WWtAD?

I’m working on the rest of the book now, back in Discovery Draft, but I’m far enough along that I need  to know What Would The Antagonist Do?

I have my antagonists.  There are four separate groups working on the island, all chasing four wildly different goals with wildly different motivations and led by wildly different people.  Unfortunately, I can only have one Antagonist, Nita’s opposite number, the person who’s the greatest danger, the one who’s manipulating the other sub-antagonists, the person Nita will face in the obligatory scene.  And praise the Girls, I figured that out.  Now all I have to do is develop character and plot a bunch of turning points.  

First I have to make sure they’re all serious antagonists and that at least the last one is smarter than Nita, stronger than Nita, and more ruthless than Nita.  I can make one or two of them minimally hapless since I have so many, but they’ll be the first ones defeated (one has already gone up in flames at the first turning point).  The real Big Bad is the one I have to take most seriously, know as well as I know Nita and Nick, and find a way to like and root for.  He or she can’t just be the Big Bad, the antagonist has to be a fully developed character.  I’m not sure I’ll ever like this character, but this one is fun to write, so that may be good enough.

Then I have to plot the turning points for each of the antagonists.  That is, I have to know the events that occur in each antagonist’s plot that turn that character’s story in a new direction,  events that are concurrent or at least closely aligned with Nita and Nick’s turning points.  Why?  Because this book is crazy with plot and the only thing that will keep it from getting away from me is to tie it down at those plot points.  Once I have those four scenes for each antagonist, I’ll have an event to write to as I noodle around, something to aim at.    And since there are four turning points and four antagonists, it makes sense to knock an antagonist off at each turning point, clearing the field so that the last turning point, the climax, is only with the real antagonist, Nita’s opposite number.  

Which is why I’m currently surrounded by sheets of graph paper with squares and arrows and colored inks and a blank calendar, trying to figure this out.  Once I get past the messy part, I’ll map it in Curio.  And in the meantime, I’ll keep writing.  All of which is to say, there may not be a lot of posts this week, although the Good Book post and the Cherry Saturday post are already set to go.   As always, feel free to talk amongst yourselves in the comments.   That’s where the good stuff always is anyway.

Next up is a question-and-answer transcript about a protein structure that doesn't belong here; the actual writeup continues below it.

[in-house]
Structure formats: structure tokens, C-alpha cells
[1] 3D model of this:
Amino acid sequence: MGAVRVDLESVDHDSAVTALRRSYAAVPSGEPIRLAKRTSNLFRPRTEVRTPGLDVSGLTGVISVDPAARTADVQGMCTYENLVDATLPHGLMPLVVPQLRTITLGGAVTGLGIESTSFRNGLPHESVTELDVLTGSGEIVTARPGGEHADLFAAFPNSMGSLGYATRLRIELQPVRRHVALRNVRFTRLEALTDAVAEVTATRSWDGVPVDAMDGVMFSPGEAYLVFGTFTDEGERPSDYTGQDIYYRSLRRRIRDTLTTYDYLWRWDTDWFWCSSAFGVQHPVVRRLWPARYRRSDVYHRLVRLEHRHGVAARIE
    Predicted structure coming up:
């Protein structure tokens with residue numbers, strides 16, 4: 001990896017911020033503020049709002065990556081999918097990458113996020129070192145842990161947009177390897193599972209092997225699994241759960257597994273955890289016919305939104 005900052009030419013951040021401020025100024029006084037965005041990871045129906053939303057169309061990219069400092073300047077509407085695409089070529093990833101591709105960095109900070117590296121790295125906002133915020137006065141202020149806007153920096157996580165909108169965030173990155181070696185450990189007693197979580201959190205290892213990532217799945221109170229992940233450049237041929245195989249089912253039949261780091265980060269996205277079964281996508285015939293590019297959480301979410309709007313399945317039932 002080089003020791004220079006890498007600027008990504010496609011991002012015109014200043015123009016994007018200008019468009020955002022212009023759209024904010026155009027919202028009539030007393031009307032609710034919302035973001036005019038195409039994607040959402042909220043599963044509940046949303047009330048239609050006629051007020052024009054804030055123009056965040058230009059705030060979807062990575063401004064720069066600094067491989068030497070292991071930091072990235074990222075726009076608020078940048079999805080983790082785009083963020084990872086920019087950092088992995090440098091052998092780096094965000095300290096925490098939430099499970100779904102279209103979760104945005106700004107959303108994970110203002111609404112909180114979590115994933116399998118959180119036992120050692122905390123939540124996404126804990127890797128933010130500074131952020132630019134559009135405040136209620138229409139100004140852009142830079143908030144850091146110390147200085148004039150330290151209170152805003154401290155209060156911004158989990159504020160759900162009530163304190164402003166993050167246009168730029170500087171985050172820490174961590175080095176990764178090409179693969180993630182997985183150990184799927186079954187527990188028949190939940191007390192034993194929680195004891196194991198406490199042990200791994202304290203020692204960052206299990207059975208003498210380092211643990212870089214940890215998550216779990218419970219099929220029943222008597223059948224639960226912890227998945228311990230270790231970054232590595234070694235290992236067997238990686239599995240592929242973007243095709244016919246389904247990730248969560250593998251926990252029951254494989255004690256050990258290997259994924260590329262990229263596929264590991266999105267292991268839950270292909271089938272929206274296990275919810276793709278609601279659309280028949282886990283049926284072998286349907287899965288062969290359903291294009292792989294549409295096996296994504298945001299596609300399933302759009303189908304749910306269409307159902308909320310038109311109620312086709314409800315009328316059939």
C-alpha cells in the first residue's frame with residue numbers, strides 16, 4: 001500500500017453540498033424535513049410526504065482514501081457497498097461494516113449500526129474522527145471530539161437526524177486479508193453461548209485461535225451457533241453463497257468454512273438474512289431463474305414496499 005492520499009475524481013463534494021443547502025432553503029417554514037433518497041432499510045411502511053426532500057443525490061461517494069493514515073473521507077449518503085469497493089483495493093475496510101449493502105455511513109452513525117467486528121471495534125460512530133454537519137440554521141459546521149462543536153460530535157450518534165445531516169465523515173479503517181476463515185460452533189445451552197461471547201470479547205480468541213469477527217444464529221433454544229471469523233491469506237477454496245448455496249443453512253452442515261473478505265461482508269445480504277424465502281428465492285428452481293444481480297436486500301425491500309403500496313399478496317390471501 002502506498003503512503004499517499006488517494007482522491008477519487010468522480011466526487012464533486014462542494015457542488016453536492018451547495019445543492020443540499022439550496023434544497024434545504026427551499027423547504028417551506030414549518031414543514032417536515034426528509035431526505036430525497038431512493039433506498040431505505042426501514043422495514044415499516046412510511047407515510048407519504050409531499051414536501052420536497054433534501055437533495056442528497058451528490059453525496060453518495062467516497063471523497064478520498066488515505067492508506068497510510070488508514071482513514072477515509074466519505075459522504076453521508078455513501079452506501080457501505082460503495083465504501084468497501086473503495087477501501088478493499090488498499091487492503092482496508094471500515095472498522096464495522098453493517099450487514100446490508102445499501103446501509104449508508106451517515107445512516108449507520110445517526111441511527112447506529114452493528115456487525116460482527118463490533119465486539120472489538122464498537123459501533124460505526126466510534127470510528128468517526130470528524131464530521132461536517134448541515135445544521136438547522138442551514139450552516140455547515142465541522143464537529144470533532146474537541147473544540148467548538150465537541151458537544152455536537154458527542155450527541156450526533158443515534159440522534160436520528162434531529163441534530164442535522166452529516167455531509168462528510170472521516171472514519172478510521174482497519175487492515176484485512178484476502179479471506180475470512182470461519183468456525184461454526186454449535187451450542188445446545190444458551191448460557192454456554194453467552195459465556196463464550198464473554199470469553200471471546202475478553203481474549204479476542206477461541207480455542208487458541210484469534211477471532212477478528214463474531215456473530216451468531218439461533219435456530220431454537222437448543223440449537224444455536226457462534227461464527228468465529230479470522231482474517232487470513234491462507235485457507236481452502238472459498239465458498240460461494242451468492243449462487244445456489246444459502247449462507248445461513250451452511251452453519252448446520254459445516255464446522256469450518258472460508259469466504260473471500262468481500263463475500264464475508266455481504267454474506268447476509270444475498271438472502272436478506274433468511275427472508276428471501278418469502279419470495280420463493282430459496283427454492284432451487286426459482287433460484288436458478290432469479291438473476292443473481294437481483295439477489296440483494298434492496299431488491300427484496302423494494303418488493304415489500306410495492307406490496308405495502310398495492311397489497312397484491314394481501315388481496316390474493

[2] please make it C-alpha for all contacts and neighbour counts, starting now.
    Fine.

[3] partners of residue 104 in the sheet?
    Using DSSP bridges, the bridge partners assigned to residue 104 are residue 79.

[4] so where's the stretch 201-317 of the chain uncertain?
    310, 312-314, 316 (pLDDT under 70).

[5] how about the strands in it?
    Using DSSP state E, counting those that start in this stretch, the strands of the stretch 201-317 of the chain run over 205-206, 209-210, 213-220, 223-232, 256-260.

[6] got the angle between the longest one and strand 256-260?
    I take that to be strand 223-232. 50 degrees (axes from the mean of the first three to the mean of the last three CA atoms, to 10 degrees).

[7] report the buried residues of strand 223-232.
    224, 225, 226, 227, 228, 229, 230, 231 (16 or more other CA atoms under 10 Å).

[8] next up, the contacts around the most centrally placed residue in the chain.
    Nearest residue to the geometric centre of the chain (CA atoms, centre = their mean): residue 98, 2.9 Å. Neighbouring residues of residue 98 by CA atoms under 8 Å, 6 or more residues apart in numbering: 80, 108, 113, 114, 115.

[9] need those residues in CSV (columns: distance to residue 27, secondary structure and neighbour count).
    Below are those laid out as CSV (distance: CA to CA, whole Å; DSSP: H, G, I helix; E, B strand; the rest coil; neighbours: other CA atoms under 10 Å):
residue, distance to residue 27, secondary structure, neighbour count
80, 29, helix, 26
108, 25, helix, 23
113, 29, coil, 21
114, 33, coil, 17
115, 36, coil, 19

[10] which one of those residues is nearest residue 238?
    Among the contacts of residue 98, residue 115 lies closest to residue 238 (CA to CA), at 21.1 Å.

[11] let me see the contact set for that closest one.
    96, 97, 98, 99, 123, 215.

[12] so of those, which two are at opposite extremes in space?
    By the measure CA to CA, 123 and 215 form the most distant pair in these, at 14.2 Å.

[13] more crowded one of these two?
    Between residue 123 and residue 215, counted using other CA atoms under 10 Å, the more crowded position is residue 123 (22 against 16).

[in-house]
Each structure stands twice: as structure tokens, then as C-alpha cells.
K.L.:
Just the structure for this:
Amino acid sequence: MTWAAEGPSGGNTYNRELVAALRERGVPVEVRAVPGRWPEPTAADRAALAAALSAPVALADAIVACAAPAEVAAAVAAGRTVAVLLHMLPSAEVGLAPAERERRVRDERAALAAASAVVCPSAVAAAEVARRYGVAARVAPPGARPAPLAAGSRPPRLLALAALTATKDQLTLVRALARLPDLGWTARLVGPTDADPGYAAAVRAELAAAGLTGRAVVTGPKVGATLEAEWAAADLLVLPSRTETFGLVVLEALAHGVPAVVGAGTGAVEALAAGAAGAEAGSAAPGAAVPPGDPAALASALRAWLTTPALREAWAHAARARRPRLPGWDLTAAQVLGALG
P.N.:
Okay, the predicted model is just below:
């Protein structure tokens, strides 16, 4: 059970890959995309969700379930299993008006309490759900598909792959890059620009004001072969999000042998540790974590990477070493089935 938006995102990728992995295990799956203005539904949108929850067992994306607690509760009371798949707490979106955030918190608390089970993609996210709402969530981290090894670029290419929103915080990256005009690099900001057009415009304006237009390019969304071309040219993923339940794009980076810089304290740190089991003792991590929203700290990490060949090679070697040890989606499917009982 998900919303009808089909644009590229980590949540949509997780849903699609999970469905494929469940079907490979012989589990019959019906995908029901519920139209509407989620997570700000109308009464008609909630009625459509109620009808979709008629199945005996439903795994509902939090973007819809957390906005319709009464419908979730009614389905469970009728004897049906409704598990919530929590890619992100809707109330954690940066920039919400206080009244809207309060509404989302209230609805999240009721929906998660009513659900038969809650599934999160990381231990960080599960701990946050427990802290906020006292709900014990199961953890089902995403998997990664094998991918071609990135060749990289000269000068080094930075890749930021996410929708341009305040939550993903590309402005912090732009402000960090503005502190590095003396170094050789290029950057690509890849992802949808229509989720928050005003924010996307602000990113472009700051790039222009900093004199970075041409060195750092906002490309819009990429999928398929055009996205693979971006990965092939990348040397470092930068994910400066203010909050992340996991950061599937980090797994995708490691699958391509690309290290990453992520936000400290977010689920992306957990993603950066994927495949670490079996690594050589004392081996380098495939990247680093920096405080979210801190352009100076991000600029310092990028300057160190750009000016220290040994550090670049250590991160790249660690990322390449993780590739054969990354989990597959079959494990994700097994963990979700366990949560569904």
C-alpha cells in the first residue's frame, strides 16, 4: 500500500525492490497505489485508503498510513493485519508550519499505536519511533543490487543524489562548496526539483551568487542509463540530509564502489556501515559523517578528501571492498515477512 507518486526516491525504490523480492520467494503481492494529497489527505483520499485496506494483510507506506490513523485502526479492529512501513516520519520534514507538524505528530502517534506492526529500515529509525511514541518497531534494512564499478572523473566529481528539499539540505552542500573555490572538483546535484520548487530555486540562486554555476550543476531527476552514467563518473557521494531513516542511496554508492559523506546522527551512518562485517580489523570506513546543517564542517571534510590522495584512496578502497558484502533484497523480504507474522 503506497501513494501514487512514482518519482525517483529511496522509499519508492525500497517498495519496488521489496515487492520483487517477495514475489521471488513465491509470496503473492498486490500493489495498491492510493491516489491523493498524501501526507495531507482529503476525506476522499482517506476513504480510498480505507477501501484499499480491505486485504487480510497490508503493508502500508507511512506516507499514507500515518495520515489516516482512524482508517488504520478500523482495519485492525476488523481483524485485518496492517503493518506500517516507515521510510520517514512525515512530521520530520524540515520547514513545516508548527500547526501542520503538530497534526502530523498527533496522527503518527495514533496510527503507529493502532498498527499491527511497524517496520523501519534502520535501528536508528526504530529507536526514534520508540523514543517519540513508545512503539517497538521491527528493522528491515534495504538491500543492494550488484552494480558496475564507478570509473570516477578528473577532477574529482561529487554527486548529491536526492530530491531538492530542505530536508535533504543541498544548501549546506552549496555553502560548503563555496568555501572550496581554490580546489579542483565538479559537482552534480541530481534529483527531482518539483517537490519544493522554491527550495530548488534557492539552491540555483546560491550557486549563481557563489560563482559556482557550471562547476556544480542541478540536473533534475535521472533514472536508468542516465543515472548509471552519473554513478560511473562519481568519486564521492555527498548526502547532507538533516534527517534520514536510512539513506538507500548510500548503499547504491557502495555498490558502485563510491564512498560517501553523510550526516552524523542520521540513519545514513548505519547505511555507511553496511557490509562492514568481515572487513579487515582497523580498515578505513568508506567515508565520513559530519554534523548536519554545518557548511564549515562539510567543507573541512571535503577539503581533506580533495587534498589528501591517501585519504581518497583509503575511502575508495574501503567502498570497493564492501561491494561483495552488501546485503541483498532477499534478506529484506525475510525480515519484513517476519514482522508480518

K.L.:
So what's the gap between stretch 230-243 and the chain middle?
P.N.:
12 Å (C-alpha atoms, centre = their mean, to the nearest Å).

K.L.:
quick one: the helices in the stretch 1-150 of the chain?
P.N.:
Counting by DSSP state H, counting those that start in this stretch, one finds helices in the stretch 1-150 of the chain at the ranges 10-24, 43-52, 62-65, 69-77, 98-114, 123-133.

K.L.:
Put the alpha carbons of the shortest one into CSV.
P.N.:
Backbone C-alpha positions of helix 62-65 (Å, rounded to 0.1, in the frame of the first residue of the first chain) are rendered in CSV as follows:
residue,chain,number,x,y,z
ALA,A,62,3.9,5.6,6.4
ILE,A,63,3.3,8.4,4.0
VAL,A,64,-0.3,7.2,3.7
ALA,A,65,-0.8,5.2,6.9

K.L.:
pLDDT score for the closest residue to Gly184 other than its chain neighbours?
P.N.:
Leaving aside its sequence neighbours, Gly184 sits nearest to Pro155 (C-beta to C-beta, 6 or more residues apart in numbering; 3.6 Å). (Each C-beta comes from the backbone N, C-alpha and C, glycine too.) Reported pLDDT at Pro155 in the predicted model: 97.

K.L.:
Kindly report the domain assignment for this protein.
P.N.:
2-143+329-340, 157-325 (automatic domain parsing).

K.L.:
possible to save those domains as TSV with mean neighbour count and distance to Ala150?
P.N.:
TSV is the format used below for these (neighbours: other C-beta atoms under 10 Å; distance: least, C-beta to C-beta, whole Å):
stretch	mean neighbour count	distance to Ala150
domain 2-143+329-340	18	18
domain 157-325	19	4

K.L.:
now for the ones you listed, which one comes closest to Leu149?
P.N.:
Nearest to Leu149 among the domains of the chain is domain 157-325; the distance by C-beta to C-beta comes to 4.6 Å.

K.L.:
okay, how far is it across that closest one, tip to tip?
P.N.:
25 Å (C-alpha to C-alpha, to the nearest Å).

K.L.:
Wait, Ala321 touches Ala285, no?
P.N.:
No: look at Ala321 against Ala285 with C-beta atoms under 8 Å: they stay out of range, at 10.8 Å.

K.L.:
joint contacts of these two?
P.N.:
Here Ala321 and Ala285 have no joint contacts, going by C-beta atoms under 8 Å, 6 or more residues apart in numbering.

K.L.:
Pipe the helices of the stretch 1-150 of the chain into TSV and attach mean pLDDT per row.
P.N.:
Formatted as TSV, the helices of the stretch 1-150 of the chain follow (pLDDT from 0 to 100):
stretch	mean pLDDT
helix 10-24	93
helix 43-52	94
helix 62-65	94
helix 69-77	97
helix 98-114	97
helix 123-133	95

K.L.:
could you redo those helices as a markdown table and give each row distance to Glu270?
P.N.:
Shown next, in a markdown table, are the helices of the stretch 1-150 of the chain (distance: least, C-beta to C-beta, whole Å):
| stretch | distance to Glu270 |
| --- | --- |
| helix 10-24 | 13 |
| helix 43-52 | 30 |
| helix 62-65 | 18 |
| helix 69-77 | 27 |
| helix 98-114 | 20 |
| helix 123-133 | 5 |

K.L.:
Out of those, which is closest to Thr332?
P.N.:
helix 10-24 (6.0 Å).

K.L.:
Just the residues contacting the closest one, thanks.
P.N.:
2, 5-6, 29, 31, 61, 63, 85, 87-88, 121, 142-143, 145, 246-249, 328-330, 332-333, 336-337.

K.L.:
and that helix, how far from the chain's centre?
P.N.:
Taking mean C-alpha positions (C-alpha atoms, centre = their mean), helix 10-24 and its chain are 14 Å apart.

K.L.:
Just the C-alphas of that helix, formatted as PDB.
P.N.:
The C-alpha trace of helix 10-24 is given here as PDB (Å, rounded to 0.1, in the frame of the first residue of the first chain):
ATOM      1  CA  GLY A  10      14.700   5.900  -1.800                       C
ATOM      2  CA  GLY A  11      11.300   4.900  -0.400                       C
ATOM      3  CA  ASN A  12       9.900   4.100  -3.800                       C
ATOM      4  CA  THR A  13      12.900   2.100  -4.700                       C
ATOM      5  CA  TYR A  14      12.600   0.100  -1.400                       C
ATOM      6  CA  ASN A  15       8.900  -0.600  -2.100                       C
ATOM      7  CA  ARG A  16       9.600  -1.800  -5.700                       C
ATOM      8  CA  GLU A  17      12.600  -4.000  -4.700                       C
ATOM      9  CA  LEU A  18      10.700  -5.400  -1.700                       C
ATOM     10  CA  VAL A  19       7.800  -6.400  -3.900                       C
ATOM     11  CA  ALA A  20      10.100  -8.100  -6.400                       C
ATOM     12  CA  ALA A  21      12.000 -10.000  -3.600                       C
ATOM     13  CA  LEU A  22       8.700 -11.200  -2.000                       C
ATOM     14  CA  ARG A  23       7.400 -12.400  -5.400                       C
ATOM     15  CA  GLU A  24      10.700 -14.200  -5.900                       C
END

16 thoughts on “WWtAD?

  1. Hi Jenny,
    I am so happy that you are getting your ducks in a row. Will we get any more drafts?? Wishing you well.

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    1. I’ll probably put up the next scene sequence because it’s all over the place (and we’re back in discovery draft) but once I get through that section of everybody finding out, then it’s just fighting the Big Bad as a team, and I think that’ll be pretty straightforward.

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  2. FOUR?! Challenge level: Master.

    Happy to hear you’re writing, as after I read all the posted chapters (which, btw, the breaks between chapters felt super natural), I had this nagging feeling all day that I had prematurely ended a conversation and I really wanted to get back to it. I kept reviewing all of my client files and wondering who I had last talked to when finally the light bulb went off and I thought, oh, wait, it’s Nita and I can’t get back to it WAHHH. That’s, like, a super high compliment.

    4+
    1. It really goes back to something I’ve always thought about with my protagonists. I don’t know about you, but my troubles never arrange themselves single file, they come in battalions and I have to prioritize and sort things out. It’s one of the reasons my protagonists are usually handling family problems and work problems along with whatever the Big Bad is dishing out plus the romance. Women: We multi-task our problems.